Whether Amazon comes to Boston or not, we should still make Boston better
All this genuflecting over Amazon is a bit much.
CEO Jeff Bezos probably has made up his mind, and this “open” bidding process is a way for him to play one region off another to win lucrative tax breaks for the company’s second corporate headquarters.
As cities around Massachusetts prepare bids, we shouldn’t be doing this for Amazon but for ourselves. Whether or not the company expands here, we need to remember who we are and who we want to become.
The bids no doubt will include a variety of things we will do if Amazon chooses Massachusetts: Upgrade the T, bolster education, build more housing inside Route 128.
We might even promise to be nicer to each other.
A few years ago, Boston Mayor Marty Walsh got behind bringing the 2024 Summer Olympics to Boston in hopes that it would mean the T would finally get fixed, workforce housing would get built, and new neighborhoods would arise.
When Boston unceremoniously pulled its bid even after getting the nod from the United States Olympic Committee, the sentiment was: We don’t need to throw a two-week party for out-of-towners to get our wish list done.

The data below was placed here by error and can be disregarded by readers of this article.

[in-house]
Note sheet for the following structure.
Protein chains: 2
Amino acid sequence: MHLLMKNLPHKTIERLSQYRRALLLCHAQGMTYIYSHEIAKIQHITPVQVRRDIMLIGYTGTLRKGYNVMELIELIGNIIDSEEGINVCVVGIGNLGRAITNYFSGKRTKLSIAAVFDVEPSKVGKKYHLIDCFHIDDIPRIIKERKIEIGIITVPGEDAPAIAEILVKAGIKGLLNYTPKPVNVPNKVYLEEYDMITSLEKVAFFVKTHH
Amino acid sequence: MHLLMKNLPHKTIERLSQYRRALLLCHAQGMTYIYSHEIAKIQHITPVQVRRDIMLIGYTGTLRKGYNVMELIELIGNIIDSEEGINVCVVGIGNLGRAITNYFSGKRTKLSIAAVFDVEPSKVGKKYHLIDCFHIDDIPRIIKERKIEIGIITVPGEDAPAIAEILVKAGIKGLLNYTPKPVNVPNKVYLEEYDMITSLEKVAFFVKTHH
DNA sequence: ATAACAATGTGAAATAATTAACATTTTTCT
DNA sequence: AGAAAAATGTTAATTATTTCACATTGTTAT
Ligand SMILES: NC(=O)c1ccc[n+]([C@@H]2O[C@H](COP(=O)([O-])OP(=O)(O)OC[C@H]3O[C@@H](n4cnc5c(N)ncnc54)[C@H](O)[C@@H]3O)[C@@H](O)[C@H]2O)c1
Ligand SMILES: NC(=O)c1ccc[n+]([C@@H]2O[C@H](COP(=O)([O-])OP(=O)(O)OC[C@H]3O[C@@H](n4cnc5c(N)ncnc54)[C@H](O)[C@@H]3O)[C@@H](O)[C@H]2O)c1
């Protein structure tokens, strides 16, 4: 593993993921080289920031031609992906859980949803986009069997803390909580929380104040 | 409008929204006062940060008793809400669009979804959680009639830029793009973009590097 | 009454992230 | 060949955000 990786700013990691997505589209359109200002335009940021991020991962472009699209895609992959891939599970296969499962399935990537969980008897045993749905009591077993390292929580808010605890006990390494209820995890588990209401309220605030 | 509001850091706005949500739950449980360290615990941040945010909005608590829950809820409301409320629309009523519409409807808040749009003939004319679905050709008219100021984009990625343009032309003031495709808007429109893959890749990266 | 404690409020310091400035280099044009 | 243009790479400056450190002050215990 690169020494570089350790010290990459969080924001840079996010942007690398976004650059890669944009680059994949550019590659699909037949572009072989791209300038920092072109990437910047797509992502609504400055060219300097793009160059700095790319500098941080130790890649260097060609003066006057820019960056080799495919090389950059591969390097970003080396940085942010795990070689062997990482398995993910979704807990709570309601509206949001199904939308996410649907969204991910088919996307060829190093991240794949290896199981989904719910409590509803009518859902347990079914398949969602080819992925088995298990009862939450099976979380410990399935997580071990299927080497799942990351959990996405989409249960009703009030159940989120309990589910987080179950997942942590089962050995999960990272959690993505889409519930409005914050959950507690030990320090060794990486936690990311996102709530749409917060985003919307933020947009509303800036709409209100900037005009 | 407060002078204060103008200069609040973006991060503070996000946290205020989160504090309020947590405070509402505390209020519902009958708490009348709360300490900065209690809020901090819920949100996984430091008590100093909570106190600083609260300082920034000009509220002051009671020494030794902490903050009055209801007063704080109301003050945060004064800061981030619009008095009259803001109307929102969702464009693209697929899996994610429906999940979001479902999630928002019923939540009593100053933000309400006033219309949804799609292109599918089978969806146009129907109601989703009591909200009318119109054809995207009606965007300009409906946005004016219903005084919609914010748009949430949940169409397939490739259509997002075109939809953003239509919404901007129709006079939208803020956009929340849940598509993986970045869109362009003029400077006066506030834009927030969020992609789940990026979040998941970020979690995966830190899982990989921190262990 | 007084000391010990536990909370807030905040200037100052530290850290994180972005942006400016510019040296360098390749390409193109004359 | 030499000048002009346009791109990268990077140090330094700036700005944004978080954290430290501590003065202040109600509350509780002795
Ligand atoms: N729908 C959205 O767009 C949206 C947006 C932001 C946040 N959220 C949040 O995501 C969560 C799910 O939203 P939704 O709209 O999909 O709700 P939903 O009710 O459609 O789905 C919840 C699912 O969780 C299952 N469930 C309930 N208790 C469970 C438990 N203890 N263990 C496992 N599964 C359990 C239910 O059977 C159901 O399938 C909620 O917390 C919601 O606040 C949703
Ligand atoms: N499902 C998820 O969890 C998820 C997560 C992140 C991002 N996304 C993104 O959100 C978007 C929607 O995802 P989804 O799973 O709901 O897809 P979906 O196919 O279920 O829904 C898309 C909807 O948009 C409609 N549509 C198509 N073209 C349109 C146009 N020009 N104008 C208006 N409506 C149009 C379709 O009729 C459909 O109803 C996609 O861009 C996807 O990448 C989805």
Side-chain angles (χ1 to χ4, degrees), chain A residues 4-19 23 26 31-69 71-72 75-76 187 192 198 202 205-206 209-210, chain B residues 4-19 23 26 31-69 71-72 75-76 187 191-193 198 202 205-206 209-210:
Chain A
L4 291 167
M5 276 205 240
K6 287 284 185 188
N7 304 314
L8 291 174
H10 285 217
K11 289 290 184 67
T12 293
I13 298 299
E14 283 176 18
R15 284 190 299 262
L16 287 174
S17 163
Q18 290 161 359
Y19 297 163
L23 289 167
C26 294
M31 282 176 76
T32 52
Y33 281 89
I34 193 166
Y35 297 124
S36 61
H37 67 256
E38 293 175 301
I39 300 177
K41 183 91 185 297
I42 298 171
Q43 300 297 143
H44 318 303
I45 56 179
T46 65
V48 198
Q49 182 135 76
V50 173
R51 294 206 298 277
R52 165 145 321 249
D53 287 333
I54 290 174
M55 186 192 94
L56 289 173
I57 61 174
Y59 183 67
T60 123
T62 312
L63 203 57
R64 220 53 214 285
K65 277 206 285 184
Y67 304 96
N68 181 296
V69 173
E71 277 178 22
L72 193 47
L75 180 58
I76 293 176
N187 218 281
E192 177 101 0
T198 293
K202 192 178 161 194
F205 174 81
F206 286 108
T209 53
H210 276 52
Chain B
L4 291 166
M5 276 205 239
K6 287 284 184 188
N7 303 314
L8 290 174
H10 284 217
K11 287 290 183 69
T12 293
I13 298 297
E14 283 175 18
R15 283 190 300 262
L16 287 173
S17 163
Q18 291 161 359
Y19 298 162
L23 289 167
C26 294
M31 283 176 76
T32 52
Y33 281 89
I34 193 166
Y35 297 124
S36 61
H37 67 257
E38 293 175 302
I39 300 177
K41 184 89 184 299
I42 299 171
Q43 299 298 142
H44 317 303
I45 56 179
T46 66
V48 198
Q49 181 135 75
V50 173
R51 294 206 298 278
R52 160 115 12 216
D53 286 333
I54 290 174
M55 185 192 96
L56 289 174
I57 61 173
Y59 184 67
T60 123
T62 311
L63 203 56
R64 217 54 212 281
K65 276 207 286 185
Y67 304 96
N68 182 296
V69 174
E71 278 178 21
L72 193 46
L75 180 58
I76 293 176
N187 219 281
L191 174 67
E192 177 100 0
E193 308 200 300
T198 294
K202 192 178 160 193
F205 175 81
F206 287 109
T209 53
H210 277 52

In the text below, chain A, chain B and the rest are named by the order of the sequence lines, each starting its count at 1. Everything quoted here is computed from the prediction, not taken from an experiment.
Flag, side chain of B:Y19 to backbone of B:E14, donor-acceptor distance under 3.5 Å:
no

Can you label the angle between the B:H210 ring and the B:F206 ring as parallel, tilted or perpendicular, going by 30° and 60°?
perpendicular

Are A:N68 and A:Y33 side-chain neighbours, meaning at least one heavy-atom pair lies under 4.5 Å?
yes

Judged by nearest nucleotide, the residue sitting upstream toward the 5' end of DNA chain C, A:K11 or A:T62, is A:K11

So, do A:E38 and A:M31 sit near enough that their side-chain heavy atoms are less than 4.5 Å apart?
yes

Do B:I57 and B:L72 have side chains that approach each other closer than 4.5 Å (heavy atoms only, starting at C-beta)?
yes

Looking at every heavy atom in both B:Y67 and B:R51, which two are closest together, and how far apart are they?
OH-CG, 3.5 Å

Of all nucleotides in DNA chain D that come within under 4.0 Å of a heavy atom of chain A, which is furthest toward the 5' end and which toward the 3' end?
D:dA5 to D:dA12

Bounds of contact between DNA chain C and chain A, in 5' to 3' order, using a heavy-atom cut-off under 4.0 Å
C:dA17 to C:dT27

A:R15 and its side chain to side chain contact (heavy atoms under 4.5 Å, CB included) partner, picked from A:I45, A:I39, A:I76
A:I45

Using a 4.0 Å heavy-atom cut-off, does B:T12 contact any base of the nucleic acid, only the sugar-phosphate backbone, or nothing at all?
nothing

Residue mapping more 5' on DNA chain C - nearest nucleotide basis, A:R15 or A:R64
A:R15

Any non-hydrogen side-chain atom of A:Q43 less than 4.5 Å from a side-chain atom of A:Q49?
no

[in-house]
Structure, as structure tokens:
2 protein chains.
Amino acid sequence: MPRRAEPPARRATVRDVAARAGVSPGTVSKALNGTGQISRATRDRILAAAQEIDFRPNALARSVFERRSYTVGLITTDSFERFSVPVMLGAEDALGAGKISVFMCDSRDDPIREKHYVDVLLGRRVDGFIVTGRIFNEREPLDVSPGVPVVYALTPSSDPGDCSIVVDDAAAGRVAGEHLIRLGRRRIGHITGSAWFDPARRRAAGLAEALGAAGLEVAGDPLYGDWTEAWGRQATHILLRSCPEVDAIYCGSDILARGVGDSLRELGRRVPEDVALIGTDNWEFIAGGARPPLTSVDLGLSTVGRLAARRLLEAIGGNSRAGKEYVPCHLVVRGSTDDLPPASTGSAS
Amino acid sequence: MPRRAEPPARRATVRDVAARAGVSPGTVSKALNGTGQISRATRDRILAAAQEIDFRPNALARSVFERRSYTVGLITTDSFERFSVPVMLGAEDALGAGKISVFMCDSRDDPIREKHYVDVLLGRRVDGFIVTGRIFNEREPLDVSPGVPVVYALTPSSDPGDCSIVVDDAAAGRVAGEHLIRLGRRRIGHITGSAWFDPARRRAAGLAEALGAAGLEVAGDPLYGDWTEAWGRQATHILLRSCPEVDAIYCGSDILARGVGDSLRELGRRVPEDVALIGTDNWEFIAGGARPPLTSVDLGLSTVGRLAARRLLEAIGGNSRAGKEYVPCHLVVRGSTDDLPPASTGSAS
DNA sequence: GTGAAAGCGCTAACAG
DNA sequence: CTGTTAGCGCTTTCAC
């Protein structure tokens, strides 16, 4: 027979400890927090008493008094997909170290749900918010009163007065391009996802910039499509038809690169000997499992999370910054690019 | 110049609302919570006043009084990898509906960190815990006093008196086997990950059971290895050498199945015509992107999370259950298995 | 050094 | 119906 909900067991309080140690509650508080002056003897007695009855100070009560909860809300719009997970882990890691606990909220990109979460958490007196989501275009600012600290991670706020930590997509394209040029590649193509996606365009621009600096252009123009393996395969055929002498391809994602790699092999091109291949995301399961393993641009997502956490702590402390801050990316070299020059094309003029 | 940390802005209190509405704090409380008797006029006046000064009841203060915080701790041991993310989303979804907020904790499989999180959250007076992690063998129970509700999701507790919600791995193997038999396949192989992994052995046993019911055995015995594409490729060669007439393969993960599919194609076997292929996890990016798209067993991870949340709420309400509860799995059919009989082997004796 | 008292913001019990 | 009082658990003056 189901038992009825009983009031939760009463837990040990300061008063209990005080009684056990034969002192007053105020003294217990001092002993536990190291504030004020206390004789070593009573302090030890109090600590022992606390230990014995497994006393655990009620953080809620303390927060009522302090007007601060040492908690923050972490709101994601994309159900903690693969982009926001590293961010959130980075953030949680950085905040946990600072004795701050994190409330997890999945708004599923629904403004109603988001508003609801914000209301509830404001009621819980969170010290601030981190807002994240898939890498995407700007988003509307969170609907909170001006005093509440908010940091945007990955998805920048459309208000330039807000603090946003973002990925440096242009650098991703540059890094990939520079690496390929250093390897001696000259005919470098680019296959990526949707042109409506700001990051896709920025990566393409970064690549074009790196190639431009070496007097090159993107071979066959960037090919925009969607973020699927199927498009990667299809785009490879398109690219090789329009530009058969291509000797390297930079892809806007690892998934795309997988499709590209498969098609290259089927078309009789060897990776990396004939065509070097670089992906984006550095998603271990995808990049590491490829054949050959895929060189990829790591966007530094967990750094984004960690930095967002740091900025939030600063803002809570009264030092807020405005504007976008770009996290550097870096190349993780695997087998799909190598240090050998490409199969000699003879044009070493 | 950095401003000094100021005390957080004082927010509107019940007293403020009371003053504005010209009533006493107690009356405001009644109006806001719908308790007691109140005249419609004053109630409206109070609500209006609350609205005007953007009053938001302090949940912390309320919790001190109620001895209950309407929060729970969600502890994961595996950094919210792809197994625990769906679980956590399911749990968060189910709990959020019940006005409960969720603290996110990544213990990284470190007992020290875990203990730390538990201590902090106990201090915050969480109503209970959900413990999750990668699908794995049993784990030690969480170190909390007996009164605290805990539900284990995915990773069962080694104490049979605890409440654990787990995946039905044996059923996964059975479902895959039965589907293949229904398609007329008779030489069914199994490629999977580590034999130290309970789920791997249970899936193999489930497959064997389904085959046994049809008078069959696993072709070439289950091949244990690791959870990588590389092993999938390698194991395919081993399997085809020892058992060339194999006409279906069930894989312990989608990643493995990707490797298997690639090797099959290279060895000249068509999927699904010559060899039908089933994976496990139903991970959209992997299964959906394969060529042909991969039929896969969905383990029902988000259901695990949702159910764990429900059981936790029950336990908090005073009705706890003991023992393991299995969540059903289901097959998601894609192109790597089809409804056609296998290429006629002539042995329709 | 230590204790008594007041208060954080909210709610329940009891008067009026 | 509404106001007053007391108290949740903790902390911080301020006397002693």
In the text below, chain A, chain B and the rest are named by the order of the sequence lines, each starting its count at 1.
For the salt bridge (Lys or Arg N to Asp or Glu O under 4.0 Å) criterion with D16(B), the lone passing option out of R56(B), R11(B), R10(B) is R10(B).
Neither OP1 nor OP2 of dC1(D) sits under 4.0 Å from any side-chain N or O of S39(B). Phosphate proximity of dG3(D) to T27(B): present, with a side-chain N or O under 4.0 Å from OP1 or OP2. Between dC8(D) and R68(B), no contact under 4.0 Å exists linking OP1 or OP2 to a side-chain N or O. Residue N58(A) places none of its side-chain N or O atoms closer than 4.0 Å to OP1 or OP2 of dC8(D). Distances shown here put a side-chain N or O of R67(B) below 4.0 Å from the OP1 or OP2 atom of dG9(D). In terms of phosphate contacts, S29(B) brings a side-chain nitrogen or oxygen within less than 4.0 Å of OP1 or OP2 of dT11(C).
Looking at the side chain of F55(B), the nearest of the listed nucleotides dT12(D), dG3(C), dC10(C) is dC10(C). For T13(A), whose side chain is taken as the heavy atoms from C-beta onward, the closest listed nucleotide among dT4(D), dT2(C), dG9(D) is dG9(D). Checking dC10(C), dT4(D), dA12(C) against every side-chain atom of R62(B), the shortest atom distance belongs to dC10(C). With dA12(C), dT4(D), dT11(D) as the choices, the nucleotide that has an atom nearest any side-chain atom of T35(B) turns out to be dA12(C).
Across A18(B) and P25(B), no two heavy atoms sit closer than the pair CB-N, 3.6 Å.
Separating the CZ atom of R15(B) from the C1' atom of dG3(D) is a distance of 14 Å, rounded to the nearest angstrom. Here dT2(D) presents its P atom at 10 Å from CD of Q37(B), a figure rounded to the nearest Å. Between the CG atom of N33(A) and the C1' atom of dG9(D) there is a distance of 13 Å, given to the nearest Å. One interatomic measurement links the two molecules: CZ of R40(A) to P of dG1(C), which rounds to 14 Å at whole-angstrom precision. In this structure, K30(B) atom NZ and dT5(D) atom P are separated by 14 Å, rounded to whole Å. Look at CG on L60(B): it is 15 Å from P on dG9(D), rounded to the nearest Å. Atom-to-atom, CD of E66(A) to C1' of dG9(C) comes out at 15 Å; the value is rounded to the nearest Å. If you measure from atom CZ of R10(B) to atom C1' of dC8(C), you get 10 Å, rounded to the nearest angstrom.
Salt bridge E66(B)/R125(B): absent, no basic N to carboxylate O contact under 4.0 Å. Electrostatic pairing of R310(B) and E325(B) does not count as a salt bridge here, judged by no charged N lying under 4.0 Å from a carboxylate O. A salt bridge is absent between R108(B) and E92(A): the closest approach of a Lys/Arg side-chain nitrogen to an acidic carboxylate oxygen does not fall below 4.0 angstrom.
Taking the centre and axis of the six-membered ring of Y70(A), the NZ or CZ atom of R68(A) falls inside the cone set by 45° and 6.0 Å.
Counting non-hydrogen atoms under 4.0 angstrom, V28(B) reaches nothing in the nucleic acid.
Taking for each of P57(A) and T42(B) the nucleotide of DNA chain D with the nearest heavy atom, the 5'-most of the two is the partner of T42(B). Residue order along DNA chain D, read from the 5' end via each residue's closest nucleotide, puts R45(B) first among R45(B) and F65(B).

So how are we doing today?
Our commuter rail system has the worst breakdown record in the nation. We’re still worried about the high cost of housing, and it will likely be decades before anyone mistakes Widett Circle for the Back Bay.
The dream of the Olympics was about having a deadline to get things done. Bidding for Amazon’s North American headquarters gives us the same sense of urgency.
But I have a feeling that if Massachusetts doesn’t get the nod, we will go back to the way things were as if the concerns related to Amazon’s arrival would go away, too.
The reality is that the biggest problems Amazon headquarters would bring already plague Massachusetts, from inequality to traffic.
Not to say we are standing still on any of this, but are we running fast enough?
Our most intractable problems will require us to think big about how to solve them. Government alone can’t do it. Rather it will require the collective attention of business, education, and civic leaders.
Much like the attention we are giving an Amazon bid now.
Let’s make a promise to ourselves that we won’t just muddle along. That we will take some of the ideas that come out of the Amazon bids as a starting point to make Massachusetts a better place to live and work, whether it’s to fix the Seaport District’s transportation issues, build another tech corridor in Worcester, or devise a regional housing plan.
A decade ago, the state made a $1 billion investment to cement Massachusetts’ reputation in life sciences. It’s time for another big bet, but this time in education, and the business community should take the lead on making this happen.
“Our fate is inextricably linked with whether we become the largest producer of talent, not just the most elite,” said Chris Gabrieli, a former Boston venture capitalist who serves as chairman of the state Board of Higher Education. “Whether we get Amazon or not, we have to face the fact that in the 21st century the game is going to be about the highest level of skills.”
Sure, Bezos is the visionary we want, but let’s not forget the vision we have for ourselves.